Pittsburgh also exported profound numbers of men. Between 1861 and 1865, 24,000 Allegheny County residents joined the Union Army. Some were drafted, most were volunteers.
Throughout the Union and Confederacy on Sept. 18, 1862, front-page news was the Battle of Antietam. But not in Pittsburgh.
The trees on the morning of Sept. 17 were full of hues of oncoming autumn. By evening they were shaded with the colors of scorched hoopskirt fragments.
It was a hell of a payday.
Allegheny Cemetery donated a parcel of land for a mass burial pit. It was out of sight of prominent Pittsburgh burial plots, belonging to families who were making handsome profits from the war. Thirty-nine black, federal government-issued coffins containing bodies and body parcels were buried in the pit, Section 17.
"By this terrible calamity all are of the poorer classes" wrote the Gazette. "A fund should at once be raised for their relief."
Certainly Catherine's mother was counting on her coming home, coming home with money.
Mr. J.H Miller had two daughters killed. Mrs. Gabby, a widow of 14 weeks, was killed. It was her second week on the job. Her husband John of the 102nd Regiment Company F was killed June 1 at the Battle of Fair Oaks. Ten-year-old Kate Dillon was killed as were Ellen and Mary Slattery, 16 and 18 respectively.
James Lindsey had two daughters killed. The widow Smith's son -- her main means of support -- was killed. "She became so ill from her misfortunes she's not expected to recover," the Gazette reported.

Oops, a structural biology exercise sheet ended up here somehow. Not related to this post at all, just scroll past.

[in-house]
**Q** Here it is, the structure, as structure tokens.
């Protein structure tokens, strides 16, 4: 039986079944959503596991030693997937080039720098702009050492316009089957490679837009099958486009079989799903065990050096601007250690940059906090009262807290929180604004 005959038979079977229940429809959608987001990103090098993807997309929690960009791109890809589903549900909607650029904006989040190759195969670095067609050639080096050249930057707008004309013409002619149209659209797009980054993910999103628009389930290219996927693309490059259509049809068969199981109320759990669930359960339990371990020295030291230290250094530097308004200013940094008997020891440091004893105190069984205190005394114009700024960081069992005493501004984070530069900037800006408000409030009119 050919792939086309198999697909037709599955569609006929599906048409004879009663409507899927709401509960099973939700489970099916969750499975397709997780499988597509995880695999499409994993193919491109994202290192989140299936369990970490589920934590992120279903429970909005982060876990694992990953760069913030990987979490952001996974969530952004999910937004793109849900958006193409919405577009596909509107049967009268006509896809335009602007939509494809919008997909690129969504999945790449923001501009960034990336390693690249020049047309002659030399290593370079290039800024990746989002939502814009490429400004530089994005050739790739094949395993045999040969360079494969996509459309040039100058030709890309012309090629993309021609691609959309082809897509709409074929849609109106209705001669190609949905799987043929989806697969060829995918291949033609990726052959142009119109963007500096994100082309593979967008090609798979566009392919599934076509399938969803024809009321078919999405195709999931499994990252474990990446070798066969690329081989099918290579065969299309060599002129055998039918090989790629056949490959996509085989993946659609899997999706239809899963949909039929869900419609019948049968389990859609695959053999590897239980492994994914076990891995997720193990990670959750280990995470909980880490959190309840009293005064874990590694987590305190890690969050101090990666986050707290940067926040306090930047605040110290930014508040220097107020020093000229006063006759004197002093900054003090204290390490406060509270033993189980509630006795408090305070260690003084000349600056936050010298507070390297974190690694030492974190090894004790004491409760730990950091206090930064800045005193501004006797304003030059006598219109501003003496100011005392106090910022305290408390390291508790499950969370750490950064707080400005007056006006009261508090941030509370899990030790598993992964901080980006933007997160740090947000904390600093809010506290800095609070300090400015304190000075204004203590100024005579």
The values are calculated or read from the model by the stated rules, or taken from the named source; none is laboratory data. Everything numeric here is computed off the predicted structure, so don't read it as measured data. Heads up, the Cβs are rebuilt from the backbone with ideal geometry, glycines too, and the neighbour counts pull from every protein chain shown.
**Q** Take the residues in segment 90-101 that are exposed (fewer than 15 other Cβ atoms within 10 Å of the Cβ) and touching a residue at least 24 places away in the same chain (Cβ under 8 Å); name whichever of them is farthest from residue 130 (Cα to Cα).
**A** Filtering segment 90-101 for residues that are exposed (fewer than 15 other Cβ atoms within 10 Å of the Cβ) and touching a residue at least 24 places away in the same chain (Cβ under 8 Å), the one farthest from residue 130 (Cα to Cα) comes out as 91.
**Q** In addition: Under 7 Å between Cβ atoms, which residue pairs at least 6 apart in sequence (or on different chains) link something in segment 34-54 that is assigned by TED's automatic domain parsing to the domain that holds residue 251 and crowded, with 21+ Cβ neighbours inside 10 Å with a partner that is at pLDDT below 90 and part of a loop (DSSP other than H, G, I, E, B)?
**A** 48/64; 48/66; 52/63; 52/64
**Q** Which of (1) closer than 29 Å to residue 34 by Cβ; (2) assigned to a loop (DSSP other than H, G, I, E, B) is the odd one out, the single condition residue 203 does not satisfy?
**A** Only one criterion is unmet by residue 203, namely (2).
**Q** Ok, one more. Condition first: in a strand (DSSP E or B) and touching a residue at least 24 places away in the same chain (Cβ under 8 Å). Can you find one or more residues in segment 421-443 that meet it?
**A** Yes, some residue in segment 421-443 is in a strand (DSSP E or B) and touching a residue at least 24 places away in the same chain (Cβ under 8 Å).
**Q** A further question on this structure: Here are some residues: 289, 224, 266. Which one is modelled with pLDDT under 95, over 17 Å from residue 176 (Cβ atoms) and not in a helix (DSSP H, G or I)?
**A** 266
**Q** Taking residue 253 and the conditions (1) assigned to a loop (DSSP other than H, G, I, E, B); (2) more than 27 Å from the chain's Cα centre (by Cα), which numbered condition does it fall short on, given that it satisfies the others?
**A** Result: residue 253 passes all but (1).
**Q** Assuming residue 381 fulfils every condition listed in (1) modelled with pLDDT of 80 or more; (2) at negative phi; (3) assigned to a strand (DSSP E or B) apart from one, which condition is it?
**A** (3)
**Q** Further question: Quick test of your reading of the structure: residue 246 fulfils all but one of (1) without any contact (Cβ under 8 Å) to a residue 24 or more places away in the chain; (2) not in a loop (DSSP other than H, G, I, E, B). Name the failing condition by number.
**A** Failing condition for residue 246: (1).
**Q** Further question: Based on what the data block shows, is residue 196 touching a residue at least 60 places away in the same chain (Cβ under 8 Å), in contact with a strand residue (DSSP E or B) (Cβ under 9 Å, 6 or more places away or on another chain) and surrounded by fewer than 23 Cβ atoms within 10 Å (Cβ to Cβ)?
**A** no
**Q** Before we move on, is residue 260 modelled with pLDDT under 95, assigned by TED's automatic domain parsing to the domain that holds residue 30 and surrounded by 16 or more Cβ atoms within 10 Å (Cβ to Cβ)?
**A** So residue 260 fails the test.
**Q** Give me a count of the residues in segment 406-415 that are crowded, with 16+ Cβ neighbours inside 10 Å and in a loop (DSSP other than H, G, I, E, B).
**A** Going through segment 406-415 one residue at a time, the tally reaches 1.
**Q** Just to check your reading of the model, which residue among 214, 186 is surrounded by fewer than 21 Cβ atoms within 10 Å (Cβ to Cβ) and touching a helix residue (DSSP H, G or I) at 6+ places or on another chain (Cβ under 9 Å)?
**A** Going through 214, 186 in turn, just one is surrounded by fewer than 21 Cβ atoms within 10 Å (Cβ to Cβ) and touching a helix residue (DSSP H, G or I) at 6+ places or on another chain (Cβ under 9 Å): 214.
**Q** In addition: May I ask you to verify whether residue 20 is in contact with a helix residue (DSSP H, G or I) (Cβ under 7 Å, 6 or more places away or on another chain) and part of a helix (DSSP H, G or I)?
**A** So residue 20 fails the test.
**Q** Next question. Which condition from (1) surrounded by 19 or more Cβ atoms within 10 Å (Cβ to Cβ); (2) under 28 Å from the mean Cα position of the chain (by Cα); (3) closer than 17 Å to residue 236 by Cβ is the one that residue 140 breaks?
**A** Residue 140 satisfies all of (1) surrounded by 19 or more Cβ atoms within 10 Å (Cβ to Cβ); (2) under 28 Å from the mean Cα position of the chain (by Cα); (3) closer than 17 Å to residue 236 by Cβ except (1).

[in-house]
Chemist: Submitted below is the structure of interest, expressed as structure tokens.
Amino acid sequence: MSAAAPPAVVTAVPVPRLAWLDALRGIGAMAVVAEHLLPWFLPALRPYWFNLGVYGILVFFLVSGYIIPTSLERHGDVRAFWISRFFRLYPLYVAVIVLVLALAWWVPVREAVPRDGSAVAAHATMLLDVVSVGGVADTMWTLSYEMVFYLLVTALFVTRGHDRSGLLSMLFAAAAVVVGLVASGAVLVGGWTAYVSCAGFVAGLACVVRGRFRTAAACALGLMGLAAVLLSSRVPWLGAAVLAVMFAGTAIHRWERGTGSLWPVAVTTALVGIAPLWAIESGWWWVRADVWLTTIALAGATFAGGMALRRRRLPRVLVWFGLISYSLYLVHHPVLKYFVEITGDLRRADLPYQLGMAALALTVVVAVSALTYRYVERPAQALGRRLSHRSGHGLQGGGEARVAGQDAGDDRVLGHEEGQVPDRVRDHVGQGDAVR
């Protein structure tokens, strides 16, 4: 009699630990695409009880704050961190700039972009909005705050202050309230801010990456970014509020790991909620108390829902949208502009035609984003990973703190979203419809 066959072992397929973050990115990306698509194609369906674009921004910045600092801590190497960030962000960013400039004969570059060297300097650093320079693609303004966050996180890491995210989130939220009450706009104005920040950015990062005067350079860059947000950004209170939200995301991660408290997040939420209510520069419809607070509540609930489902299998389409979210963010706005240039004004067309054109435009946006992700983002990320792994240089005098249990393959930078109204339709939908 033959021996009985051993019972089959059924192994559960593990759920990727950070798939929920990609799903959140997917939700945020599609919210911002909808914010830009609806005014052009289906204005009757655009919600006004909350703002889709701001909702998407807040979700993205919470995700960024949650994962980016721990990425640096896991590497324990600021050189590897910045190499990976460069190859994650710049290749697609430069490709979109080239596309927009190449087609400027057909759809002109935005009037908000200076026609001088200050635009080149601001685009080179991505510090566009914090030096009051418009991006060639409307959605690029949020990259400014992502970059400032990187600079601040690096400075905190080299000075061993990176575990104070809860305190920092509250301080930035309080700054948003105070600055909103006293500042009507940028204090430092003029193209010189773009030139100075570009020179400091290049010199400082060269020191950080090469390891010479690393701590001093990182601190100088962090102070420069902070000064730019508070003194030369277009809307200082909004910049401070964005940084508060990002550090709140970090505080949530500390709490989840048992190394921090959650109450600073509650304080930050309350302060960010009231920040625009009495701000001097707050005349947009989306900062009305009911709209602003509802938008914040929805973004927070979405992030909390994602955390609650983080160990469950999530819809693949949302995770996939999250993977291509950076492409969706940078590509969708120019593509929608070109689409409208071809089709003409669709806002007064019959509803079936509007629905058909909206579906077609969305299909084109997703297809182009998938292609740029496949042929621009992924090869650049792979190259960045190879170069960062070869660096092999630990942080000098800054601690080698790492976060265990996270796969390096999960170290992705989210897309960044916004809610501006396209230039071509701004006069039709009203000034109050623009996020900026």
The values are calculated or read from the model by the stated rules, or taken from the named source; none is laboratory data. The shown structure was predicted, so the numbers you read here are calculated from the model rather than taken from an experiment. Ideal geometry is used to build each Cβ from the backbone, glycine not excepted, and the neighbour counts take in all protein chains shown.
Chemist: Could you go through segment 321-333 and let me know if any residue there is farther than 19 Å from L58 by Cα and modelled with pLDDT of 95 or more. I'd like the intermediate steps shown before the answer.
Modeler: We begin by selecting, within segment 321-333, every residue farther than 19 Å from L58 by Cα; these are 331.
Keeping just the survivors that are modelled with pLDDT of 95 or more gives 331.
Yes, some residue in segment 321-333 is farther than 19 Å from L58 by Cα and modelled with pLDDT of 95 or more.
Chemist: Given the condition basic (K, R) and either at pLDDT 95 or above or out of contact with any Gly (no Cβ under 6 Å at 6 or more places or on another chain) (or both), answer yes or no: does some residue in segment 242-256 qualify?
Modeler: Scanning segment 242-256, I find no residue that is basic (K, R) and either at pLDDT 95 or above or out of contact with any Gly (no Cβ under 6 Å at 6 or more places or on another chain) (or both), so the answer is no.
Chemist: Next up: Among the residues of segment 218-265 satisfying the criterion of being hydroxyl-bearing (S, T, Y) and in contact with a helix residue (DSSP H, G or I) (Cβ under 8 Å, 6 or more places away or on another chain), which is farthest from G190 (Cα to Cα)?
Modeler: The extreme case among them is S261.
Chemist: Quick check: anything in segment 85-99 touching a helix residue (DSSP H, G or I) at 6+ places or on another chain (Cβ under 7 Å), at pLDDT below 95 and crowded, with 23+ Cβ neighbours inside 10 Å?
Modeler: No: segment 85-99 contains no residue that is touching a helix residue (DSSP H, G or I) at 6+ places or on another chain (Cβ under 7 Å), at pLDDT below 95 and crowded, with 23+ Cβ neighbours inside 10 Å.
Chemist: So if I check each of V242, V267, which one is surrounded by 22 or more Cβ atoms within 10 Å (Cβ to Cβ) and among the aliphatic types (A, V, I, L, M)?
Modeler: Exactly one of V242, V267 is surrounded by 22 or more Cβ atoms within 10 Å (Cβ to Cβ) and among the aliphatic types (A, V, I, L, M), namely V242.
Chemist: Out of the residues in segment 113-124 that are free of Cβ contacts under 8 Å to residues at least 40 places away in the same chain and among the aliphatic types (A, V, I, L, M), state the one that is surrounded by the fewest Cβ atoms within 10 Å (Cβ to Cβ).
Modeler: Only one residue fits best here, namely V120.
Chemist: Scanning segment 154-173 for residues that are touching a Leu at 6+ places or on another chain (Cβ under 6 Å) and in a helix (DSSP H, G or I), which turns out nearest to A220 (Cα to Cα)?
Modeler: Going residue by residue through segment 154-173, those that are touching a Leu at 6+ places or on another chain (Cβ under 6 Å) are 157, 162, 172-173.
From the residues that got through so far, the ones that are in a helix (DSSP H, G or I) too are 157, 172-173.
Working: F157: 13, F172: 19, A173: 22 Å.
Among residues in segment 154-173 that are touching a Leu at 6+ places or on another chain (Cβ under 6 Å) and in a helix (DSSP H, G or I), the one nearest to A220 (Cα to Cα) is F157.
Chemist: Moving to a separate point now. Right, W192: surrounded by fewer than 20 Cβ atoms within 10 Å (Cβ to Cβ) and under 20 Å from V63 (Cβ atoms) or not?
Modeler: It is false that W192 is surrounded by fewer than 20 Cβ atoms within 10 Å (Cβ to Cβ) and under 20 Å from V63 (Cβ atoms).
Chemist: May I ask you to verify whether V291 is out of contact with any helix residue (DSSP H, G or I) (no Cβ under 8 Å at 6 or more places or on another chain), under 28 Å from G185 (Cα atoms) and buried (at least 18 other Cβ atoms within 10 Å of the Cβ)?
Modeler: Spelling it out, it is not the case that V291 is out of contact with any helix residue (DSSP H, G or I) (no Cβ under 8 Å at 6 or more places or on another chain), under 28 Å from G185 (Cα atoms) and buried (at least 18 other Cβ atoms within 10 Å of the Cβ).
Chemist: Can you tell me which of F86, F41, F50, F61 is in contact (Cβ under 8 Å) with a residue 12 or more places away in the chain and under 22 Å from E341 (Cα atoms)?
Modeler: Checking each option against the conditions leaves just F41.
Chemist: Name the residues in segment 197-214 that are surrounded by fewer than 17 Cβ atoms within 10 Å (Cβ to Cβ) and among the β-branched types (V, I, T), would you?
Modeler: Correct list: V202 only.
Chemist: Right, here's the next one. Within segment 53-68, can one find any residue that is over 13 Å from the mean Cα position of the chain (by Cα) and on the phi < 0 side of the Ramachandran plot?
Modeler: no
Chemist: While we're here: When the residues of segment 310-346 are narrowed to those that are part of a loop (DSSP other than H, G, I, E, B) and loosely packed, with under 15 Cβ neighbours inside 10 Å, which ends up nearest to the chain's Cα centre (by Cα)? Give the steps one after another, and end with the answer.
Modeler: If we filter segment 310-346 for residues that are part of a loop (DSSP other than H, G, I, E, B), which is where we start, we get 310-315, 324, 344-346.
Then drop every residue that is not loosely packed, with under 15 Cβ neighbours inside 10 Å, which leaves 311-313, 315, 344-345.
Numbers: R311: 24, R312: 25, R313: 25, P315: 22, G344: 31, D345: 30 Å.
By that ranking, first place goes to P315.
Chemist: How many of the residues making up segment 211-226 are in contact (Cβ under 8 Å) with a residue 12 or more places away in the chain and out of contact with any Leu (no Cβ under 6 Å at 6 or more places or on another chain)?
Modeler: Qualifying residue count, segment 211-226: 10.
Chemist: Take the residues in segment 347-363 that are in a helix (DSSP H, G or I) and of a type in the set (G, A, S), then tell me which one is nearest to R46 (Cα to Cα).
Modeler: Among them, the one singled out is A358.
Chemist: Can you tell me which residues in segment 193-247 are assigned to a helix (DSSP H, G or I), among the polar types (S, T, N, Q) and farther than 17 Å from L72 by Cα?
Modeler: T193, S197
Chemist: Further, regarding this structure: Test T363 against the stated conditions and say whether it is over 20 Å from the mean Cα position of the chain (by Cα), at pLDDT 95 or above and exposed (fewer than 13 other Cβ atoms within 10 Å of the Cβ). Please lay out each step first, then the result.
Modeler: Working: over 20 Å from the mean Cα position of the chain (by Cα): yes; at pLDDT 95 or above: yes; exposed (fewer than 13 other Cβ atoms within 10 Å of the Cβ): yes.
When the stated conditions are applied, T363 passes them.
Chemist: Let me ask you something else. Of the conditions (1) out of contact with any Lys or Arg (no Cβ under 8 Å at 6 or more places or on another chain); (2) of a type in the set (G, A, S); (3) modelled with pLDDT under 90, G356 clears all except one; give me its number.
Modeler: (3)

Eleven canister balls were found in one victim. In another, seven minie balls (a variety of bullet) were lodged.
It's difficult to comprehend but canister and minie balls were picked up and carried off by curiousity hunters.
Three men were charged with being grossly negligent in the explosion. Arsenal Commander John Symington went on sick leave and retired the following summer. He died before the war's end, his sterling 45-year military career, like Arsenal, blown to pieces.
Symington's subordinate, Lt. John Edie, would die a decade later, in a government-run insane asylum.
Also charged was the Arsenal's laboratory superintendant, Alexander McBride. McBride's own daughter, 15-year-old Kate, was among those killed. McBride's sworn testimony was heartbreaking. He had to try and take control of mayhem. All that hadn't blown up or burned needed to be guarded. He ran around throwing buckets of water on burning screaming people. All the while, he was a father desperately concerned for his daughter.
He came across Annie Shook and Anna Sibley, burned and naked, crying as they tried to dig their way under a wooden fence. They pleaded for help. Pleaded for clothing.
Catherine's brother Joseph, four years her senior, had enlisted in the Union Army one week prior to the explosion. He was mustered out in Harrisburg one week afterwards. His mother needed him. Joseph would re-enlist in the Army six weeks after coming home. In 1887 he applied for a soldier's pension. By the time of the 1870 Census, mother was gone.
Even before the first of the six dozen dead were buried, The Pittsburgh Gazette made it abundantly clear that lest bodies "abroad" should misapprehend the facts, the Arsenal -- with its immense shops, stores and munitions -- would experience but a slight interruption to its business.
Alexander McBride lived a life of seclusion after the explosion. But, in the late 1890s he met with 300 former employees to sign a petition demanding that Congress award $30,000 to be split among victims and families. Nearly 40 years had passed without compensation. It's highly doubtful James Lindsey or the Widow Smith would have been around to share.
Regardless, Congress did not oblige. Money was needed to finance the Spanish-American War. Most of Pittsburgh quickly put the Arsenal explosion behind them. After all, there was a war going on. There was work to be done.
Michael Connors is a local historian living in Chalfant. He is vice president of the Lawrenceville Historical Society ( lhs15201.org ).